For Immediate Release:
July 28, 2008

Print News Release

 

Julie A. Oaks
TDOT, Public Information Officer
 Office: 615.741.2331
Mobile: 615.533.7105
Fax: 615.741.9093

 

TDOT Commissioner Outlines State of Tennessee Bridges
National Study Cites Age and Funding as Biggest Challenges to Bridge Programs Across Nation

Nashville, Tenn. – August 1, 2008 marks one year since the I-35W Bridge in Minneapolis collapsed into the Mississippi River killing 13 and injuring more than 100.  Today, Tennessee Department of Transportation Commissioner Gerald Nicely detailed the status of Tennessee’s 19,519 bridges at a press conference on Nashville’s historic Shelby Street Pedestrian Bridge.

“Tennessee is fortunate to have one of the best transportation systems in the nation, including a first rate bridge program” said Nicely.  “We have invested more than $1.7 billion in bridges in the last two decades and will continue that commitment into the future.”

As of January 31, 2008, only 2.4% of interstate bridges in Tennessee are deficient, while 4.7% of all state owned bridges are classified as structurally deficient.  That is the 6th lowest percentage of structurally deficient bridges in the nation according to FHWA data submitted to the Chairman of the U.S. House Committee on Transportation and Infrastructure in August 2007.

TDOT dedicated more than $130 million to the replacement and repair of Tennessee’s bridges in FY 2007/2008 and will dedicate another $116.6 million for bridge repair and replacement in FY 2008/2009.

“Tennesseans can rest assured that we are working hard keep Tennessee’s bridges safe,” said TDOT Chief Engineer Paul Degges.  “Our bridge inspection program is constantly cited as one of the best in the nation and was one of only three in the U.S. to complete all inspections on time in 2007, but we know there is room for improvement.  Following the collapse in Minneapolis we requested a Peer Review study of our program and are in the process of implementing suggestions from that review to further enhance our existing program.”

TDOT is currently in the process of implementing additional training for bridge evaluators, an updated load permitting process to enhance the department’s ability to issue permits, and is contracting with the U.S. Geological Survey to utilize sonar scan technologies to enhance underwater bridge inspections for some bridges.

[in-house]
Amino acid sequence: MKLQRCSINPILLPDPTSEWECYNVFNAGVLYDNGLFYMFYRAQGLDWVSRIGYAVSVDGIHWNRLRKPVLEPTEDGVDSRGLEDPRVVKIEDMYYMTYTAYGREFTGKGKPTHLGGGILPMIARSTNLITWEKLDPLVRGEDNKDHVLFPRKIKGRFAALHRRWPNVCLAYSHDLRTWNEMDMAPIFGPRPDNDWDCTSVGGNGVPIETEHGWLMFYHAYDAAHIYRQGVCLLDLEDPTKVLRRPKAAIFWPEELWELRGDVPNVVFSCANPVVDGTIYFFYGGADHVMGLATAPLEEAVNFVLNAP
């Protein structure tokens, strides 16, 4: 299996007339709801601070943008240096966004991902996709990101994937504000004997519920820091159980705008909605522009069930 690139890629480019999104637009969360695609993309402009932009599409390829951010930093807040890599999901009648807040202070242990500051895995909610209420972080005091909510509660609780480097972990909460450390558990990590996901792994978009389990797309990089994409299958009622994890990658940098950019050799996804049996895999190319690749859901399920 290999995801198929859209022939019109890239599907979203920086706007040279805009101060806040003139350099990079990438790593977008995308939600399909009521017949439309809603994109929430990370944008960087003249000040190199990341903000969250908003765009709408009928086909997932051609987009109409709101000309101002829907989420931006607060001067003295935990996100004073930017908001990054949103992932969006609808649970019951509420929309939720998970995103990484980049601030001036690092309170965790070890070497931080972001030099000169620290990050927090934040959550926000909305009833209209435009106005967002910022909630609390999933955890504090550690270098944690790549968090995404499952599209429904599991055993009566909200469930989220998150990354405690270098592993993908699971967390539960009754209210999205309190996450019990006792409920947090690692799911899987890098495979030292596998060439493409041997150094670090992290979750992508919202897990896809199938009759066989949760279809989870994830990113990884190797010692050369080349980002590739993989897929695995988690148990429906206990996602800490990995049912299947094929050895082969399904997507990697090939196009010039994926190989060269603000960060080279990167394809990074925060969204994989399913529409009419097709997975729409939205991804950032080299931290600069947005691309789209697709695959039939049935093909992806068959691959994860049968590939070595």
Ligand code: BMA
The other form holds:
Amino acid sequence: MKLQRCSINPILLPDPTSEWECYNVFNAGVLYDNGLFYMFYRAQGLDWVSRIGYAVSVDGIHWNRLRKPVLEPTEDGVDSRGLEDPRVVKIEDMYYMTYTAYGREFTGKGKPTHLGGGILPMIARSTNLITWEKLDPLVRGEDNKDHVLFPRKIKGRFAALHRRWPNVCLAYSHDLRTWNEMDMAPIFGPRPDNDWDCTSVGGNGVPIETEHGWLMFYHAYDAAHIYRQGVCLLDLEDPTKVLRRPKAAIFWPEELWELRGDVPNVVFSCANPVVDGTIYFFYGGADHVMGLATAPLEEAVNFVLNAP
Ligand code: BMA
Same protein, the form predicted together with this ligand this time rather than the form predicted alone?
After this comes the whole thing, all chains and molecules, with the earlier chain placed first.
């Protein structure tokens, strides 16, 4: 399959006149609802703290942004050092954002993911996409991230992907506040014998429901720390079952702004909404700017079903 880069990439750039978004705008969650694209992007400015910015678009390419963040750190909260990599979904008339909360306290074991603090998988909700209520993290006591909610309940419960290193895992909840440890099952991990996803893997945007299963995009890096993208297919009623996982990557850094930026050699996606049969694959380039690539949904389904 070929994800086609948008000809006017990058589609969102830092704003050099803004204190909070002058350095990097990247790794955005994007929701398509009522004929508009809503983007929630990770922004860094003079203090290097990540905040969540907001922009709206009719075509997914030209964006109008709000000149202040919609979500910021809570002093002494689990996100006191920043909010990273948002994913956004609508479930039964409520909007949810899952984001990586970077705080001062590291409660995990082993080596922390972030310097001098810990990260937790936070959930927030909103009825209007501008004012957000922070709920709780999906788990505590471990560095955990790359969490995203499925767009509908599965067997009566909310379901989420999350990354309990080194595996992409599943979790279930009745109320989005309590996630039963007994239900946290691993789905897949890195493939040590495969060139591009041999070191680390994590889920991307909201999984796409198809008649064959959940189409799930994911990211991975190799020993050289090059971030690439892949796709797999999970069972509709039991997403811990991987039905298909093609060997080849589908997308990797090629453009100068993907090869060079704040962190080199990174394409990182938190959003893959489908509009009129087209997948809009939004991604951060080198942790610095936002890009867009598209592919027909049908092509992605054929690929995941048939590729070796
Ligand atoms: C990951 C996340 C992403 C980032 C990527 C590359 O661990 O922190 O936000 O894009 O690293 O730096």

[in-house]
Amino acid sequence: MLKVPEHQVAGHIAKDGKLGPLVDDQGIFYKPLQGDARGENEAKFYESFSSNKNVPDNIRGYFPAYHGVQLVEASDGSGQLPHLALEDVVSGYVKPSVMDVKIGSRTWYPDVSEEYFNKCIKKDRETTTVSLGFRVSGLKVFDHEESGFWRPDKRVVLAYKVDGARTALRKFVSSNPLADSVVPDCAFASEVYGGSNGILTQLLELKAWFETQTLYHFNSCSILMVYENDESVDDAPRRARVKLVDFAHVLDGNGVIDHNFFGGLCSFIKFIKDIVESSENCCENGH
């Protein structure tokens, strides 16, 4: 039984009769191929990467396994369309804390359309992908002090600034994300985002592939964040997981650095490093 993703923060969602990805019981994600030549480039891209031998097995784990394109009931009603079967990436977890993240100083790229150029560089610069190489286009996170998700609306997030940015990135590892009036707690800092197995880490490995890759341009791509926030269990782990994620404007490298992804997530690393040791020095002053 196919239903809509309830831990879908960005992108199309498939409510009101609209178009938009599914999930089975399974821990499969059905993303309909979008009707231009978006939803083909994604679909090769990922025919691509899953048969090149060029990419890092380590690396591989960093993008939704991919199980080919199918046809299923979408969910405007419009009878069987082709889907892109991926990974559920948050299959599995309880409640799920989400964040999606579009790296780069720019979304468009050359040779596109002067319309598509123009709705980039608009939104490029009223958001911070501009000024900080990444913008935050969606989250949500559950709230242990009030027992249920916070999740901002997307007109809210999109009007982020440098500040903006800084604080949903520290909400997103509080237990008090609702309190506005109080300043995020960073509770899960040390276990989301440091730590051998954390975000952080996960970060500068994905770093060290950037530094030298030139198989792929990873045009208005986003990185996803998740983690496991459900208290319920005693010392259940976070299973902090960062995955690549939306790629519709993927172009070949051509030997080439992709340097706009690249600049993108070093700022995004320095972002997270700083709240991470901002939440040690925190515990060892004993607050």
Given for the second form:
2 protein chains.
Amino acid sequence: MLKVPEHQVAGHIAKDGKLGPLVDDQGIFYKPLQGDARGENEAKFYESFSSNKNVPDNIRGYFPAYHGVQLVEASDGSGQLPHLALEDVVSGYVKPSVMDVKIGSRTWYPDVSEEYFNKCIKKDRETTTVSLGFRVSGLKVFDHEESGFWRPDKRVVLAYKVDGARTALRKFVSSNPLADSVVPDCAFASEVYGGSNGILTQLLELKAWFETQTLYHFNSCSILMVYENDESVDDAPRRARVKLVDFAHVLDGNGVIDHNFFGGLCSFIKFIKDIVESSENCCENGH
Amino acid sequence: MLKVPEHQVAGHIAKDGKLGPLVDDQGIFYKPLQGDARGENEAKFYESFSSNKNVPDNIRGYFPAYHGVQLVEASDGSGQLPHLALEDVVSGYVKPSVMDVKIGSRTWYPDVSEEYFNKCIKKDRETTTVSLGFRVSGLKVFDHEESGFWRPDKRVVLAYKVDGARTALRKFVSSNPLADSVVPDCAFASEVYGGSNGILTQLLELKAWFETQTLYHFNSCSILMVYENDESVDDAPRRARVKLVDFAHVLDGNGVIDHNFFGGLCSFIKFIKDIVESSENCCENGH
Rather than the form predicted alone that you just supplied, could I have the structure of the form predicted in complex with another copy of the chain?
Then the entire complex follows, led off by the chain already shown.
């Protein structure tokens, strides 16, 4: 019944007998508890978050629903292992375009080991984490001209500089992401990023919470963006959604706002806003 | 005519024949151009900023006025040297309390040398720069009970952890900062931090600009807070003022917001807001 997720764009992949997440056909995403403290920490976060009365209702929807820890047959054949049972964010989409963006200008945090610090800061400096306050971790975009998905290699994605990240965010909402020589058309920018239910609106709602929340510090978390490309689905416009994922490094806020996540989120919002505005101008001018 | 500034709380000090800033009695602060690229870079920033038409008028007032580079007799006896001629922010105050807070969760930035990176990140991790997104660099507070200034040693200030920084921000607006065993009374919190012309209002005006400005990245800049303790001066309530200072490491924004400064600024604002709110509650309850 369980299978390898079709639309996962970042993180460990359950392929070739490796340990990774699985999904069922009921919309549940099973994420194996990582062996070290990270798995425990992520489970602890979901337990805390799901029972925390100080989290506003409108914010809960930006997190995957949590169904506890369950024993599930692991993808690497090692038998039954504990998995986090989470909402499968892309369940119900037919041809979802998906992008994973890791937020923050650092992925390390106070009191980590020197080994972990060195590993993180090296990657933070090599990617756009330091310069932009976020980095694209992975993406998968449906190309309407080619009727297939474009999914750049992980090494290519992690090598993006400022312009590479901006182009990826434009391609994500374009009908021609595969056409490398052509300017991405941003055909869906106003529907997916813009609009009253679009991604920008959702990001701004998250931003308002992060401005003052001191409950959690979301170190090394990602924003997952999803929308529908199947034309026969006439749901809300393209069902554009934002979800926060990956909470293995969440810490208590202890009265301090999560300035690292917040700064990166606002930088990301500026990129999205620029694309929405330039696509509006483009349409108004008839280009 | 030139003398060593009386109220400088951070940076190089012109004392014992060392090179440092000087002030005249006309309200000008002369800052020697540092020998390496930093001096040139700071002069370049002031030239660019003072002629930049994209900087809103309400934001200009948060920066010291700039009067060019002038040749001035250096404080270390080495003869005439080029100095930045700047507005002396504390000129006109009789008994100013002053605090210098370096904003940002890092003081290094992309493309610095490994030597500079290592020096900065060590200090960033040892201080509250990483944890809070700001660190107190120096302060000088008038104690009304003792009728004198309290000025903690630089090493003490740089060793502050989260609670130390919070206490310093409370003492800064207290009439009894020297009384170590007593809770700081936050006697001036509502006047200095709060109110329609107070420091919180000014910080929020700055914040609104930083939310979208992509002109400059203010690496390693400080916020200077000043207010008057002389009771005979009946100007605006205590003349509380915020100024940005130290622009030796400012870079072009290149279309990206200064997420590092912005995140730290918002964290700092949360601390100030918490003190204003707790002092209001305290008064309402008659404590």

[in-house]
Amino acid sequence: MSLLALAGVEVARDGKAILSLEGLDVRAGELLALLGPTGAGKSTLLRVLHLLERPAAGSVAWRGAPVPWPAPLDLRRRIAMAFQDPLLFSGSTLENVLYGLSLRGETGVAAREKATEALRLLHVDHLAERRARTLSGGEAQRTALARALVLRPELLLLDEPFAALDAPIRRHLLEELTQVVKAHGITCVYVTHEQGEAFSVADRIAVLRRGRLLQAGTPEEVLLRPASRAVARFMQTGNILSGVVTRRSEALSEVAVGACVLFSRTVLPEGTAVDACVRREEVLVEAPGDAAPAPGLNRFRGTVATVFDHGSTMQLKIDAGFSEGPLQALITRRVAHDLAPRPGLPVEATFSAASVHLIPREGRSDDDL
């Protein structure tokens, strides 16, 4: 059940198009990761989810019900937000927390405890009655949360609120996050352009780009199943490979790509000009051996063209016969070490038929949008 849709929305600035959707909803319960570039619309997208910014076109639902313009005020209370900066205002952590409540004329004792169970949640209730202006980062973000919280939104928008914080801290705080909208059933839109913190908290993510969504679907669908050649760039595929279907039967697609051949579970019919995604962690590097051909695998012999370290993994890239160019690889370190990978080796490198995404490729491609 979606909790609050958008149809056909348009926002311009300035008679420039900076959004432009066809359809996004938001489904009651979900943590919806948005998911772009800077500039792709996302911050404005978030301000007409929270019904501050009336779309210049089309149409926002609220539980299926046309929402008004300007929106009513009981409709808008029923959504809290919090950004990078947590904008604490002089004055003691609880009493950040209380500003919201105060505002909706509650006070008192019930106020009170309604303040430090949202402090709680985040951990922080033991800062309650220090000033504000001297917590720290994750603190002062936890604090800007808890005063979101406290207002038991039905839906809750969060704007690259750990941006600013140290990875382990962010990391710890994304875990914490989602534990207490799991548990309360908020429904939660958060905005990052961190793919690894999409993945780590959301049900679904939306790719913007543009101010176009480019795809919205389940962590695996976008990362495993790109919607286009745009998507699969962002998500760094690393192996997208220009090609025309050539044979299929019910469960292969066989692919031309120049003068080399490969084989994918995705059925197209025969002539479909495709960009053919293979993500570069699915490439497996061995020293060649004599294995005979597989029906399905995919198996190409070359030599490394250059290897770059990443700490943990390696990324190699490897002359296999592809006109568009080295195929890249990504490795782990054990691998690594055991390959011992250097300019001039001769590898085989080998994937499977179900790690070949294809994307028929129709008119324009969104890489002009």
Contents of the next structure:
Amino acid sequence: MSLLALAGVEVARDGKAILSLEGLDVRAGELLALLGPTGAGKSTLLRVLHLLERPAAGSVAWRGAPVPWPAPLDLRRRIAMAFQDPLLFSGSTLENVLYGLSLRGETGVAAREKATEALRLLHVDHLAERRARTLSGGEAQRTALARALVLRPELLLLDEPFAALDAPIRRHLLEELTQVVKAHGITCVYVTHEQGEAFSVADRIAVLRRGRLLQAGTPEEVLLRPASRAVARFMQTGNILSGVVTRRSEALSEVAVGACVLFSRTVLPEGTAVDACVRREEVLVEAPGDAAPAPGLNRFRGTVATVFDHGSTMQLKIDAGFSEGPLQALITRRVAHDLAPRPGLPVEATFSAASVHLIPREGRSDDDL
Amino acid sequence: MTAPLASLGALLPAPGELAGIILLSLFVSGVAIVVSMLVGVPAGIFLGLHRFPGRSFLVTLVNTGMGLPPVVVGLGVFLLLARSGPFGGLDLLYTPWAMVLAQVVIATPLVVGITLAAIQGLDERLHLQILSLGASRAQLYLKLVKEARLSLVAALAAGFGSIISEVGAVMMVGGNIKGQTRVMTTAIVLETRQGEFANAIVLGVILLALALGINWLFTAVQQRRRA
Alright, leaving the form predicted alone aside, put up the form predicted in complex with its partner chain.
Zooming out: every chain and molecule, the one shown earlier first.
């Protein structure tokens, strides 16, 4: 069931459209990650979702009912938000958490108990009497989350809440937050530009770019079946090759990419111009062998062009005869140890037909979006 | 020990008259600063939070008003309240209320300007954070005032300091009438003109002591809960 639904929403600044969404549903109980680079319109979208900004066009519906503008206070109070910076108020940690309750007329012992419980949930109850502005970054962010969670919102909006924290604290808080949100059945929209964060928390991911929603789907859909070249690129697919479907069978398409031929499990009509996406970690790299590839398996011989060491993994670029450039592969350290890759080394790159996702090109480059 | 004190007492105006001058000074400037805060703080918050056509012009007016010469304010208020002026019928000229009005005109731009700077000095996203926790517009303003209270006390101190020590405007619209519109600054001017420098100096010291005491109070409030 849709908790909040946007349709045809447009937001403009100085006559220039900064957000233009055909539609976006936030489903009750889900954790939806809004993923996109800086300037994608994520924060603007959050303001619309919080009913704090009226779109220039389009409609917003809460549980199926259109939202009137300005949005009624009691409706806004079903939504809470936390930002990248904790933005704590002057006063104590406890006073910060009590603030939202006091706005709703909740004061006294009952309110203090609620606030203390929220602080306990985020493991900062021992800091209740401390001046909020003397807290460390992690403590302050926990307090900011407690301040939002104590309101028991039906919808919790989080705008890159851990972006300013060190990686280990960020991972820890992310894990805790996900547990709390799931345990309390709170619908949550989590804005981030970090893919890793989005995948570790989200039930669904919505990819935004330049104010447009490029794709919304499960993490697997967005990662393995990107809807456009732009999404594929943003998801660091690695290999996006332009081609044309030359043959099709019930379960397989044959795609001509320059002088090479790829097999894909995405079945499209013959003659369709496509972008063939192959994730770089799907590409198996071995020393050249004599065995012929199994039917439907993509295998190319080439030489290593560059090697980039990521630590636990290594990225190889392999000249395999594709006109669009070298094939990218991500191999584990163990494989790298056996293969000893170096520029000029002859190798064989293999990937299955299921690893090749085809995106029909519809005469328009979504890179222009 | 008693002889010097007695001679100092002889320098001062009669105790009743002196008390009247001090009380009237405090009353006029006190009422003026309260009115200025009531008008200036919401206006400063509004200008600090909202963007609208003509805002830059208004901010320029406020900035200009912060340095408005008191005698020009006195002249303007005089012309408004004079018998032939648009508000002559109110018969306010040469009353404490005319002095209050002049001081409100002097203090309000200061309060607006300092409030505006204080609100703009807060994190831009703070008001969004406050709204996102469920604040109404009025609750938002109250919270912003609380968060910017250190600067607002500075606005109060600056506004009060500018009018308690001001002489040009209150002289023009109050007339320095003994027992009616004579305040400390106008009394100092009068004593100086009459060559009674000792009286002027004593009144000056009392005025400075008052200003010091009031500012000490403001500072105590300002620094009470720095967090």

TDOT is also partnering with the Tennessee Historical Commission and the Tennessee Department of Environment and Conservation to implement a new program to save some of Tennessee’s historic bridges.  The goal of the program is to assist communities interested in preserving historic bridge structures for the public road system or pedestrian or other adaptive use.

A report today issued by the American Association of State Highway and Transportation Officials underscores the safety of U.S. bridges, but finds that one out of every four needs to be modernized or repaired.  AASHTO’s report, Bridging the Gap: Restoring and Rebuilding the Nation’s Bridges, outlines the critical challenges ahead.

Among the report’s key findings:

  • Age – Usually built to last 50 years, the average bridge age in this country today is 43, with one in five bridges over 50 years old.  As age and traffic increase, so does the need for repair.
  • The Price Tag – Based upon data from the Federal Highway Administration, the cost to repair or modernize the country’s bridges is $140 billion – assuming all the bridges were fixed immediately. 
  • Traffic Congestion – Many of the nation’s large-scale bridges have become chokepoints on the country’s freeway system, and a drain on the nation’s economy. The top 10 highway interchange bottlenecks cause an average of 1.5 million truck hours of delay each year. 
  • Soaring Construction Costs –The costs of steel, asphalt, concrete and earthwork have risen by at least 50 percent in the past five years, forcing delays of bridge improvements and replacements.  Nearly every state faces funding shortages that prevent them from the kind of on-going preventive maintenance, repair and replacement  needed to keep their bridges sound indefinitely.

“This generation of baby boomer bridges is in need of significant repair or replacement. New technology can help us build bridges that are stronger and longer-lasting,” said Pete Rahn, AASHTO president and director of the Missouri Department of Transportation.  “Yet we are not seeing the kind of national attention we need to address these issues.”
Bridging the Gap also points to several solutions.  Among them:

  • Increased investment in transportation at all levels of government – federal, state and local; 
  • Support for a wide range of revenue options such as tolls, tax increases, annual road user fees, bonds or private investment;
  • Continued commitment to research and innovation;
  • Systematic maintenance to extend the life of bridges; and
  • Increased public awareness that bridges are vital links to business and communities.

AASHTO Executive Director John Horsley said, “Across the nation, state and local transportation agencies are struggling to keep our country’s bridges safe, sound and fit for the future. A new generation of bridges must be built and Bridging the Gap points the way.”

For a full copy of the report or to see a video on its key findings, visit the TDOT website www.tn.gov/tdot and click on “Bridging the Gap: The state of Tennessee’s bridges” under the “Hot Topics” section.  This link will also provide access to Tennessee’s list of structurally deficient bridges and the most recent bridge inspection and inventory summaries on Tennessee’s 19,519 bridges.